Saltwater Fly Fishing In The United Kingdom

Destination Reviews
Courtesy of Carl HutchinsonBass caught by ColinSteve searching for salty Sea TroutBass caught by CarlFin Fly WalletSplash of a sea troutPerfect SunsetPerfect Sunset



Rocky areas are one of the best venues to SWFF from, and most of the time will put you over deeper water. Safety must always govern the actual point you fish from at this type of venue. 

Sit and watch the wave pattern for a while, time your casts so your fly is allowed to drift out from the rock face and preferably into deep water. Imagine baitfish trapped against the rock face, a wave washes onto them, this disorientates the baitfish, and a few get swept away from the rock face and safety where they become vulnerable to predators. You need to imitate the action of disorientated baitfish with your fly.

Allow  your fly to drift around, feed line if you need to achieve a longer drift allowing your fly to work and cover as much water as possible. Intermediate and sinking lines will take your fly deeper and under the top water turbulence.

Do not neglect where the wave actually crashes against the rocks, the turbulent white water can be productive. Try and drop your fly into the wave as it hits the rock face, this will drag your fly down into the water, slip feed line allowing your fly line to work the fly. Crab patterns for Wrasse are worth a try.

Some excellent advice given below from Justin Anwyl on choice of which fly colour to use over deeper water.

"Fly colour when fishing over deeper water which will be the case on rocks, I tend to use a lighter coloured fly in overcast conditions as predators have a habit of attacking bait fish from below and from the side and therefore they use the flies silhouette to gauge distance etc, when the sky is darker you can get away with chartreuse, when the light is up I tend to go darker and smaller as a blacker hackle shows up better in higher pressure / clearer conditions (not dissimilar to Salmon fishing). Also Bass seem to be inaccurate when they hit, if you find you get a lot of takes but they don't connect I scissor my hackles down to the hook shank as they seem to be nipping at the tail feathers… if you get what I call a "brush off", stop the retrieve as a Bass may have tried to stun the fly but not take it, leave it for a couple of seconds allowing the fly to drop in the water, imitating a stunned fry, and then draw the fly line slowly but progressively quicker, this can stimulate a second aggressive take, as if the fry has regained it's orientation and begins to move away from the predator ".

UK Guide    Justin Anwyl


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Just getting to this type of venue may involve some climbing down cliffs; you have to have the skill of a mountain goat at times.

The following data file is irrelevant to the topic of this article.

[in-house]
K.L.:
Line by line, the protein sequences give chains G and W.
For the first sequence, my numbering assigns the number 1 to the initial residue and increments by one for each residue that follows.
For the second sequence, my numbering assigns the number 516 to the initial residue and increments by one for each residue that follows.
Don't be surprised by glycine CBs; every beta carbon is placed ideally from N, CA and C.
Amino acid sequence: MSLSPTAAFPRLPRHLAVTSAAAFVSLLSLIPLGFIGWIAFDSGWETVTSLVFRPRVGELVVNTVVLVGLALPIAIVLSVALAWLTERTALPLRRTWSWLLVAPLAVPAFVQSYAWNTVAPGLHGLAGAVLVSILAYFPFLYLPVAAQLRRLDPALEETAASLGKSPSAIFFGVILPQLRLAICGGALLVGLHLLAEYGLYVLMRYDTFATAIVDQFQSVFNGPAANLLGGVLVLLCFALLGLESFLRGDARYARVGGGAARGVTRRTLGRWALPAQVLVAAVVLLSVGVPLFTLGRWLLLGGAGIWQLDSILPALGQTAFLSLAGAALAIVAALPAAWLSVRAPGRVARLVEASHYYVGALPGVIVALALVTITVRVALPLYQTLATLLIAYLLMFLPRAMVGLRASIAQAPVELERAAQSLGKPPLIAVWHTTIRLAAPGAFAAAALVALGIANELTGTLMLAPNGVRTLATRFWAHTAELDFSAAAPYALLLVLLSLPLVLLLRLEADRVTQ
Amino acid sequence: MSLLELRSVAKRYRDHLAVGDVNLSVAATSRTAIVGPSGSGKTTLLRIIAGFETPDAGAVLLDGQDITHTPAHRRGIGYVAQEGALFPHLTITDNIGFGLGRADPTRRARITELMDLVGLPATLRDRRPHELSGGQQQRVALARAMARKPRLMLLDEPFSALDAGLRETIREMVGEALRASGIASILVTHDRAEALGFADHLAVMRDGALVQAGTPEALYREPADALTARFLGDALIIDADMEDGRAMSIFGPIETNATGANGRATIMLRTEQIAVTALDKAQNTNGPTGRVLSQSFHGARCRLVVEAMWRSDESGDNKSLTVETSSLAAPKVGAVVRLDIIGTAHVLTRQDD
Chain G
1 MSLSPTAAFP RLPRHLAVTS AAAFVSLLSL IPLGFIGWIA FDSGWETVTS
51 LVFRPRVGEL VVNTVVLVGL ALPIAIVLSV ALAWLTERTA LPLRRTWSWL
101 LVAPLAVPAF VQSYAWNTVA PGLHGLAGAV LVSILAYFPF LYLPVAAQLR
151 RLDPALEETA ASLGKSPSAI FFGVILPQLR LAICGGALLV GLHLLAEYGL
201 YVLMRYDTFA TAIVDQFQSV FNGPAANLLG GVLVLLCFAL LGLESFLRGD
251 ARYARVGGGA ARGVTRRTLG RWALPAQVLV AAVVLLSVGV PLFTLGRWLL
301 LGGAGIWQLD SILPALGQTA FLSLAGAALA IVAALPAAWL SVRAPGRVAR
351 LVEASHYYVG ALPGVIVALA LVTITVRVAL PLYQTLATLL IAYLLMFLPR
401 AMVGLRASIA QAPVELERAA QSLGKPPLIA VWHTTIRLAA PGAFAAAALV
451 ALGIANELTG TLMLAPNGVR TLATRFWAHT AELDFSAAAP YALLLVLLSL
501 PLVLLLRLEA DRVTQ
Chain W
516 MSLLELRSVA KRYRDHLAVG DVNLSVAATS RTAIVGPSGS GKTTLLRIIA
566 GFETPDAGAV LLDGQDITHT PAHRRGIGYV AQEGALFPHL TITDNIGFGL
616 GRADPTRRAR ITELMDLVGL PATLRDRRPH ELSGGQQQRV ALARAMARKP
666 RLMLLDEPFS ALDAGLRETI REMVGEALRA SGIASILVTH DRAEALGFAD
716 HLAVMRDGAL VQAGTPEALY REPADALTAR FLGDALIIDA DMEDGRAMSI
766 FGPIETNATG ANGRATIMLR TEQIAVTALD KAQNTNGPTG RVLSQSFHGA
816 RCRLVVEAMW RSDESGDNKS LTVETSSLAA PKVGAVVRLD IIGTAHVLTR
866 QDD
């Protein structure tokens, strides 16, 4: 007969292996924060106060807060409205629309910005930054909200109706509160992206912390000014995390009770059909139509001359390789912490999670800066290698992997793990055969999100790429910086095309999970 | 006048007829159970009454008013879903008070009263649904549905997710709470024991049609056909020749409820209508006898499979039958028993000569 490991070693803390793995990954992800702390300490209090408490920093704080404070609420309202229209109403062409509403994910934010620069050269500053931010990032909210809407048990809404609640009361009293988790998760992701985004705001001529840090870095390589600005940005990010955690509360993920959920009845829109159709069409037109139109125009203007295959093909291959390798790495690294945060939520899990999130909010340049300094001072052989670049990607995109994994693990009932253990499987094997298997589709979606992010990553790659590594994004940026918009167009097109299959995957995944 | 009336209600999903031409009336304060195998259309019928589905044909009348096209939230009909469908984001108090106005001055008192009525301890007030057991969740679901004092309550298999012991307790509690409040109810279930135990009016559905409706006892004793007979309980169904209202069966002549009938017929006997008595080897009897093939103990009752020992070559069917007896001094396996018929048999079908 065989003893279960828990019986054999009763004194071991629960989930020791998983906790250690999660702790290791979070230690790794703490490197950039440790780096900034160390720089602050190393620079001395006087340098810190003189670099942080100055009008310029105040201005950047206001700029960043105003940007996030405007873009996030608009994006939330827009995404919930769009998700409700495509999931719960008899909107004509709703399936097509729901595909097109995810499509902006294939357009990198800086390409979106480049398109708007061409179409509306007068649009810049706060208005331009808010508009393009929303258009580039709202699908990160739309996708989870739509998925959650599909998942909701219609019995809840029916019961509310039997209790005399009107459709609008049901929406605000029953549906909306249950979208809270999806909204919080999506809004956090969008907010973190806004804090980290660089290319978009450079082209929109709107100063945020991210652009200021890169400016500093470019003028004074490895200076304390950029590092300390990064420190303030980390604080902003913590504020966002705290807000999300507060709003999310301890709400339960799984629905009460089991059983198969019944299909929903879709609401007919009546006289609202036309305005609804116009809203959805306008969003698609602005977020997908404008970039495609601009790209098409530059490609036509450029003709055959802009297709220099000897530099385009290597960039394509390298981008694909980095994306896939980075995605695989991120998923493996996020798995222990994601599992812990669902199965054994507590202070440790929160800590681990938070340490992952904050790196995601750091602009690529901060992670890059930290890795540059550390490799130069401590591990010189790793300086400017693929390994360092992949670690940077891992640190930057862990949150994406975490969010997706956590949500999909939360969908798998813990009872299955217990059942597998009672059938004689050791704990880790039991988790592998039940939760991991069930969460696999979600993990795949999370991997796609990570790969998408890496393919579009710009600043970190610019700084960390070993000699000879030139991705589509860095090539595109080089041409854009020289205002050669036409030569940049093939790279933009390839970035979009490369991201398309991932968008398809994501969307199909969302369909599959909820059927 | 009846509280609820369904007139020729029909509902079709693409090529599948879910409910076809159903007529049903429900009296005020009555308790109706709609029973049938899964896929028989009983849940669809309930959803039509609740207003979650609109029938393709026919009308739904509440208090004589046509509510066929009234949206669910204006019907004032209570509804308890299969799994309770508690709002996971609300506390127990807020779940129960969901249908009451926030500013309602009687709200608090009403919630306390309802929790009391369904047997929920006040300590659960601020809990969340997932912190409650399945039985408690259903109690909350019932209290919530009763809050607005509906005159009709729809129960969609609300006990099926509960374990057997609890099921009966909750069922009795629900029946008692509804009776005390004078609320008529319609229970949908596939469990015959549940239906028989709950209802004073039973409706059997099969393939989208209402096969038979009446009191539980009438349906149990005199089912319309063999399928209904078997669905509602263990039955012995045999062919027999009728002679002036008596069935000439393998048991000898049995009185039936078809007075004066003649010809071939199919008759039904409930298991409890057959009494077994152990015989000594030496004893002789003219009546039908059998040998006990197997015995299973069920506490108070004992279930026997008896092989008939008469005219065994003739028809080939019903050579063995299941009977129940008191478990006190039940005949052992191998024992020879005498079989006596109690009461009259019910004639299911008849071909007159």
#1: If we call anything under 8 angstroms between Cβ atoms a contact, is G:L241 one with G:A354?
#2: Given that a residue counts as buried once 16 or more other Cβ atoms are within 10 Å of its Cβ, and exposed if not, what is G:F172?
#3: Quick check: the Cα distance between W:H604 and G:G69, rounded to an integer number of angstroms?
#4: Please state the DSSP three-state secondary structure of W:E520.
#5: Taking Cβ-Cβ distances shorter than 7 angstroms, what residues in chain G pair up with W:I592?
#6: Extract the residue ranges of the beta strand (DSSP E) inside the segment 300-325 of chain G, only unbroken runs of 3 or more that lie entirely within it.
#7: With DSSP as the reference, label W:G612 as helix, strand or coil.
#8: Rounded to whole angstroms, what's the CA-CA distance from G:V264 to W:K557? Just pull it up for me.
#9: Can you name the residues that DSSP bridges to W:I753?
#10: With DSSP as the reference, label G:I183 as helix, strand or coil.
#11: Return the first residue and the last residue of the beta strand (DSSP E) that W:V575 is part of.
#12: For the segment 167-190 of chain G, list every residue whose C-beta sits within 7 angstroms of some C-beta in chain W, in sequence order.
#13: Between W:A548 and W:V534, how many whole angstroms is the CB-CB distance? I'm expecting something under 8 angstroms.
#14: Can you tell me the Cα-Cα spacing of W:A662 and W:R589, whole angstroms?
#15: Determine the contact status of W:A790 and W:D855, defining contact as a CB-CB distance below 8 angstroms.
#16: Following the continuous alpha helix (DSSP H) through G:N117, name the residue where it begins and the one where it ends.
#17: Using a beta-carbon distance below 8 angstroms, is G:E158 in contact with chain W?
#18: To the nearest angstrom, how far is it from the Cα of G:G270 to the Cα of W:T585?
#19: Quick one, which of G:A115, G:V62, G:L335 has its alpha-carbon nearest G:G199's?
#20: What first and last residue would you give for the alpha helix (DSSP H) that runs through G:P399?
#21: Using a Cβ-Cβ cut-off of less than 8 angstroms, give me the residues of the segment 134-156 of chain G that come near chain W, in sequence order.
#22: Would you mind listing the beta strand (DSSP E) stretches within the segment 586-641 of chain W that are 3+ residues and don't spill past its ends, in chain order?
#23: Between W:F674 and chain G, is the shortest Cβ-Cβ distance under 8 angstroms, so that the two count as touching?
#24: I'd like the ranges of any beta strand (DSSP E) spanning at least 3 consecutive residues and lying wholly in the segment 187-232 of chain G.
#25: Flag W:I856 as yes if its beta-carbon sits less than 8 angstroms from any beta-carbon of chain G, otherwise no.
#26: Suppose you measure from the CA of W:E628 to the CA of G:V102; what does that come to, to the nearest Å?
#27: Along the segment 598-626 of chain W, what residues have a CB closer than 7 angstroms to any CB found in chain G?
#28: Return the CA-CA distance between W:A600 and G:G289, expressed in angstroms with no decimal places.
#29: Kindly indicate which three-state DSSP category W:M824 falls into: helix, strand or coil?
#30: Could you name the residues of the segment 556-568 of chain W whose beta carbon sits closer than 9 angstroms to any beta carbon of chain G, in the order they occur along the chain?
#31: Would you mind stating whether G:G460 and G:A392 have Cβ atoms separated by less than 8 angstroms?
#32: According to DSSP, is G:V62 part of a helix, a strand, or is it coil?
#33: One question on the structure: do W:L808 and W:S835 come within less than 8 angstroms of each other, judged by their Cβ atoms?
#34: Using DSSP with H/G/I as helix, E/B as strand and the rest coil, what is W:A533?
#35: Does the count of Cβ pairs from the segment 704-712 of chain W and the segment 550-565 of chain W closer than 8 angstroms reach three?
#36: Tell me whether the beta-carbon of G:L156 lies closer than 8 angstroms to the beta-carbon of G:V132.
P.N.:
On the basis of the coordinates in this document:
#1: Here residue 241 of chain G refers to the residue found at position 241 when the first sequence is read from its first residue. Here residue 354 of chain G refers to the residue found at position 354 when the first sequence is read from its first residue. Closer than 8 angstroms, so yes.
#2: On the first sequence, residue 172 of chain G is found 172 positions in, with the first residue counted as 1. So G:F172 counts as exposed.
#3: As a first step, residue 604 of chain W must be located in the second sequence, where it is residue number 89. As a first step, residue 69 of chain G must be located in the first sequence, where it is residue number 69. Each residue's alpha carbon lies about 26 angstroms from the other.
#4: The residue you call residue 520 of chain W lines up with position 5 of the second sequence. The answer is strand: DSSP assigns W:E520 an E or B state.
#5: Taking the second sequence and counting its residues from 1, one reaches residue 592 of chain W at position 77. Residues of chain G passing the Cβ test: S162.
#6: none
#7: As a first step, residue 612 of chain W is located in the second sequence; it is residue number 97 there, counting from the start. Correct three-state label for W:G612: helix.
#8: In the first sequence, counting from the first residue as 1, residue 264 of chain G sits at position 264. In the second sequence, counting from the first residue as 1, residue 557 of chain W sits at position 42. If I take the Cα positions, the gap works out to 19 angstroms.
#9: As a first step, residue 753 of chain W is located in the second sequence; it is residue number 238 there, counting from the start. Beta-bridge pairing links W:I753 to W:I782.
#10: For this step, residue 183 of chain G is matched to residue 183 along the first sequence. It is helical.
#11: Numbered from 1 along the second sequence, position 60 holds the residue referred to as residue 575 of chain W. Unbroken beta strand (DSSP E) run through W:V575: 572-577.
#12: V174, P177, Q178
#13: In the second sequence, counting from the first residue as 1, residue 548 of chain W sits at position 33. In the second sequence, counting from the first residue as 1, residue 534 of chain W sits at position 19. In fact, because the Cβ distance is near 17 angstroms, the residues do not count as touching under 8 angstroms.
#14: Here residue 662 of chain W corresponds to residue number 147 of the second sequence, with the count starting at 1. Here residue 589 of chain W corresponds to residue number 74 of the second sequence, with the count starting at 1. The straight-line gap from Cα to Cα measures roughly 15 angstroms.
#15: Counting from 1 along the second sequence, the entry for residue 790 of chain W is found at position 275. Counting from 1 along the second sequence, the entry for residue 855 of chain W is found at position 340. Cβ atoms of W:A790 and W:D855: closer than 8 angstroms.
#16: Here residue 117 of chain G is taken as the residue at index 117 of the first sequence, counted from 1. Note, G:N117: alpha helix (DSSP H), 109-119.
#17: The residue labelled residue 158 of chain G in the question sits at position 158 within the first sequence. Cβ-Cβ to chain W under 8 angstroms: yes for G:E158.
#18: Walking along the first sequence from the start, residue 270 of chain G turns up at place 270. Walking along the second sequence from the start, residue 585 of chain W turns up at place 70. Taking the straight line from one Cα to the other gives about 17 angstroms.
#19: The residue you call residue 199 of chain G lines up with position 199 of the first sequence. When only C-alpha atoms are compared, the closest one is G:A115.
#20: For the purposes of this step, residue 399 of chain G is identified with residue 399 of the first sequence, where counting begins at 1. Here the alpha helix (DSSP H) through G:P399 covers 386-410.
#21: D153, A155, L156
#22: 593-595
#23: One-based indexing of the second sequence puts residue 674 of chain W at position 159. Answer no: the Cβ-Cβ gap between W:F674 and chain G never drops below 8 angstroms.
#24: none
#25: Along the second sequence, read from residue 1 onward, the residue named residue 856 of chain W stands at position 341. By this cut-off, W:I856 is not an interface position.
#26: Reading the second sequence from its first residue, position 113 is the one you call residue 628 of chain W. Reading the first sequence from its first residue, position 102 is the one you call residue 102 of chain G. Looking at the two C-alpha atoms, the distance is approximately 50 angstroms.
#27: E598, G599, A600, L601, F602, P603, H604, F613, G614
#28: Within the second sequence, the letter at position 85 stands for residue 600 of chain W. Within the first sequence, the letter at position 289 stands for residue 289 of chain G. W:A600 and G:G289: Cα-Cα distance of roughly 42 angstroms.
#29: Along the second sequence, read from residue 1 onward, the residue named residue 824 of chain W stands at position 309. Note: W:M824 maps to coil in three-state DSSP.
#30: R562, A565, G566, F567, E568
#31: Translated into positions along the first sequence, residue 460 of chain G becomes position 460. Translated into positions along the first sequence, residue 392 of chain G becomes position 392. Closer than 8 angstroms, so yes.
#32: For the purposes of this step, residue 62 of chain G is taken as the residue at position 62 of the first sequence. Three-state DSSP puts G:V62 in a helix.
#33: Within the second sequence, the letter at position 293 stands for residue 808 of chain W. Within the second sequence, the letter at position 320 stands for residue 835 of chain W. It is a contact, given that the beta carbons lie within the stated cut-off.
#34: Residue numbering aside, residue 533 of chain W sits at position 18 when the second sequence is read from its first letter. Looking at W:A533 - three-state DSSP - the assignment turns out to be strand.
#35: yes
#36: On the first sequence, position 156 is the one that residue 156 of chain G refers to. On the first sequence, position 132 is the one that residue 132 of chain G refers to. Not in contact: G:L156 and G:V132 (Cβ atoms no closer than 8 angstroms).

Some venues only involve a gentle climb up from the beach onto the rocks themselves.

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The water washing around rocks creates current and rips.

Plenty of ambush points for predators to attack disorientated baitfish.

Allow your fly to drift around in the turbulent water.

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Your quarry could be right at your feet. Rocks are favourite haunts of Pollack and Coalfish.

Be prepared to lose flies, and do not attempt to rescue a fly hung up on the rocks, your life is worth more than any fish.

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Note how Austen fishes back from the actual point of the rock. His footing is secure, there is no need to balance on the rock tip, your silhouette could actually push fish away.
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Keeping a low profile when fish are just beneath you is important. Fishing over submerged rocks can be very productive.

Being able to roll or spey cast will help you in these tight situations.

High tide over rocks. Courtesy of UKSWFF member
Know your tides and the environment around you. A fast rising tide will sweep you off the rocks. Do not get carried away with your fishing.
Gully. Courtesy of Photo is copyright

Gullies have the advantage of easier access to deeper water. Be aware that the majority have lots of seaweed.

Seaweed = food = predators.


Be aware of what's happening around you at all times, pick a fishing platform that would put you above any rouge waves that could sweep you off the rock. Do not climb down the rock face below the high tide mark, you will place yourself on wet and very slimy seaweed. A nightmare to climb back up safely, a rising tide will not wait for you.

Always make sure you know  the tides and allow  yourself plenty of time to vacate your position to safe ground, know your escape route. A rising tide can quickly cut you off.

Locating a safe landing place for your fish is important to your safety. Drop landing nets can prove useful and are more humane then just pulling a fish up the rock face dangling from your hook, bashing against the rocks on its journey.

This type of venue is only for the experienced at night.

There is an element of risk associated with SWFF but if approached in the right way it is no more dangerous than any other pursuit or interest which involves water. Be prepared, let someone know where you're going, have a mobile phone on you, have the number of the local coastguard, wear a PFD ( Personal Flotation Device ) see the Tackle section.


                See you in the Forum




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